Music’s a spiritual pursuit for jazz saxophonist Darius Jones
Listening to the Darius Jones Trio’s debut, Man’ish Boy (A Raw & Beautiful Thing), is one of those back-to-the-future experiences that often define the art of jazz. The moment saxophonist Jones enters, with an unaccompanied, keening cry on his alto, it’s clear that his is a personal voice, refreshingly free from cliché. Yet it’s also obvious that he’s an avid student of jazz, whose heroes extend from swing star Johnny Hodges and bebop architect Charlie Parker right through to the most cutting-edge of noisemakers—a curriculum he readily admits to studying.
“And of course I went through a John Coltrane phase, listening to Trane all the time,” he also confesses, reached at home in the New York City borough of Queens. “I’ve kind of been back into one of those, recently.”
A deep appreciation of Coltrane’s music is probably a prerequisite for understanding modern jazz, but immersion in the tenor titan’s oeuvre can also lead the unwary astray—especially if it takes them down the path of prioritizing technique over expression. That’s not a problem for Jones, however, for he learned the fundamentals of his craft in an extremely unrepressed setting: the black Baptist churches of Richmond, Virginia, where he grew up.
“I didn’t really know that it was improvising,” he admits, laughing. “I was very ignorant. But, yeah, I remember these moments where we’d play a tune, and the tune would go on and on, and they’d be like, ”˜Okay, go on and play!’ So after a while I got acclimated to improvising, making up melodies and making up counterpart, and then blowing on top of it”¦. I learned a lot doing that.”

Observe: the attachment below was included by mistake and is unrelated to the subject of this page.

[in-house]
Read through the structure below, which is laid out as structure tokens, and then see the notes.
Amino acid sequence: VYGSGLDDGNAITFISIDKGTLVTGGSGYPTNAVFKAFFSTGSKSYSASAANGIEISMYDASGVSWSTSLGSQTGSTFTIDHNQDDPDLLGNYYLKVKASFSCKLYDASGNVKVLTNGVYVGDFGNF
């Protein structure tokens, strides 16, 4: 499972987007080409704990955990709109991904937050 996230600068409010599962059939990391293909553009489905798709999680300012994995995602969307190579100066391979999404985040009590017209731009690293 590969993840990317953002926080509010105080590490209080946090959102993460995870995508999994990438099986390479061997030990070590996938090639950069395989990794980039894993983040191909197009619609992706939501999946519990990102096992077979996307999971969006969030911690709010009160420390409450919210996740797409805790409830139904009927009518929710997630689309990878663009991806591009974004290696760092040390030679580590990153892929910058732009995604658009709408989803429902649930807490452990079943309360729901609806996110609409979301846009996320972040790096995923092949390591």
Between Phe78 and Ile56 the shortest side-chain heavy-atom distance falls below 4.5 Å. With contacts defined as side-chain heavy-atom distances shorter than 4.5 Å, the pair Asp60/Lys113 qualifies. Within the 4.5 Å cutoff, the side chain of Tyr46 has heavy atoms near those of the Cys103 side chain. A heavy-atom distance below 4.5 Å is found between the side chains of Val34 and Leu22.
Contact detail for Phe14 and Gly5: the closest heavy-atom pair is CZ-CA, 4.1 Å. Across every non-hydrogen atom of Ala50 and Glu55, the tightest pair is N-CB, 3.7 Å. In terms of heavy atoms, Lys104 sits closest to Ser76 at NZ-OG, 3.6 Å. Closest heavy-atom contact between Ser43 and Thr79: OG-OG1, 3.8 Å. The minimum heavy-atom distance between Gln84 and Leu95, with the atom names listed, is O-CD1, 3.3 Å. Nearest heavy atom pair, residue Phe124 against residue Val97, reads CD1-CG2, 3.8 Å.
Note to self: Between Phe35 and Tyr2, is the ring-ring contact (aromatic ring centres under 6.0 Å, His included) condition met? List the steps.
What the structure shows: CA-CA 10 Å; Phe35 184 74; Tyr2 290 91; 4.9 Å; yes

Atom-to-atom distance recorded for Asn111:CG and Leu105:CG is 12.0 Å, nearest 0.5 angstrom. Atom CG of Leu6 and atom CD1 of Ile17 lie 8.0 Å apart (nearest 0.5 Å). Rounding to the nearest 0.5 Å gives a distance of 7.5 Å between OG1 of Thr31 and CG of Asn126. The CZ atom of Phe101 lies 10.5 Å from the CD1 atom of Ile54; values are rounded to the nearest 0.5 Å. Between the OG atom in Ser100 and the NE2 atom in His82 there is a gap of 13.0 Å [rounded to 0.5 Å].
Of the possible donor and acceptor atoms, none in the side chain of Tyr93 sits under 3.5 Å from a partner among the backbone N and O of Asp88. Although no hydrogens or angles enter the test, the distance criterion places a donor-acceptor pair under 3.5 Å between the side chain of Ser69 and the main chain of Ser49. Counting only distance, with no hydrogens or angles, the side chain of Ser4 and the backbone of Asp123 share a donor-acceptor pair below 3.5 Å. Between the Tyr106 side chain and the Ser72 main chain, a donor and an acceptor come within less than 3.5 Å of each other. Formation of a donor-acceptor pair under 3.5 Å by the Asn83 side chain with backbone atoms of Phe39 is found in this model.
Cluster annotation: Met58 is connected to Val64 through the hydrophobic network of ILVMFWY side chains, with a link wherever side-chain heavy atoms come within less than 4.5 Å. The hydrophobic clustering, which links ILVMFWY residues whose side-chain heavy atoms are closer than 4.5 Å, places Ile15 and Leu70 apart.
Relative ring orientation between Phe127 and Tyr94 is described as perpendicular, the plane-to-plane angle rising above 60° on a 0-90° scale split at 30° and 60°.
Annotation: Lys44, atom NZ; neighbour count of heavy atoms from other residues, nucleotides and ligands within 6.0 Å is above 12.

Jones might find himself in more secular settings these days, but his gospel background comes through in the emotional heft he brings to the sax. It also colours his musical philosophy: for this committed Christian, there’s no point in giving anything less than 100 percent when he’s on the bandstand.
“When you get up to perform, or even when you’re writing music, it is a spiritual act, and it has to have sort of an ecstatic or at least emotional aspect to it for it to be of value,” he stresses. “I mean, you wouldn’t give God just anything. You would give him only the best, only the things that mean the most and are the most precious to you.
“The ultimate goal of a truly spiritual musician is to be a great craftsman,” he adds. “If you don’t study the actual fundamentals of music, you have limitations—and you don’t want to be limited, because you want to be able to go as high as possible. So those two things, the intellectual and the spiritual, have to become one. And to speak solely from my point of view as a musician, that is my goal: to create a situation where my mind and my heart are working together, simultaneously.”
Jones does just that on Man’ish Boy, on which he starts from a gospel foundation, delves into various forms of bluesy eloquence, and then goes as far “out” as anyone has since the glory days of Coltrane, Albert Ayler, and Archie Shepp.
“What drew me to the avant-garde is that one can be free to do whatever they want to do, to truly manifest their vision,” he says. “Other genres of jazz music don’t always allow for that to happen.”
The Darius Jones Trio plays the Ironworks on Friday (October 22).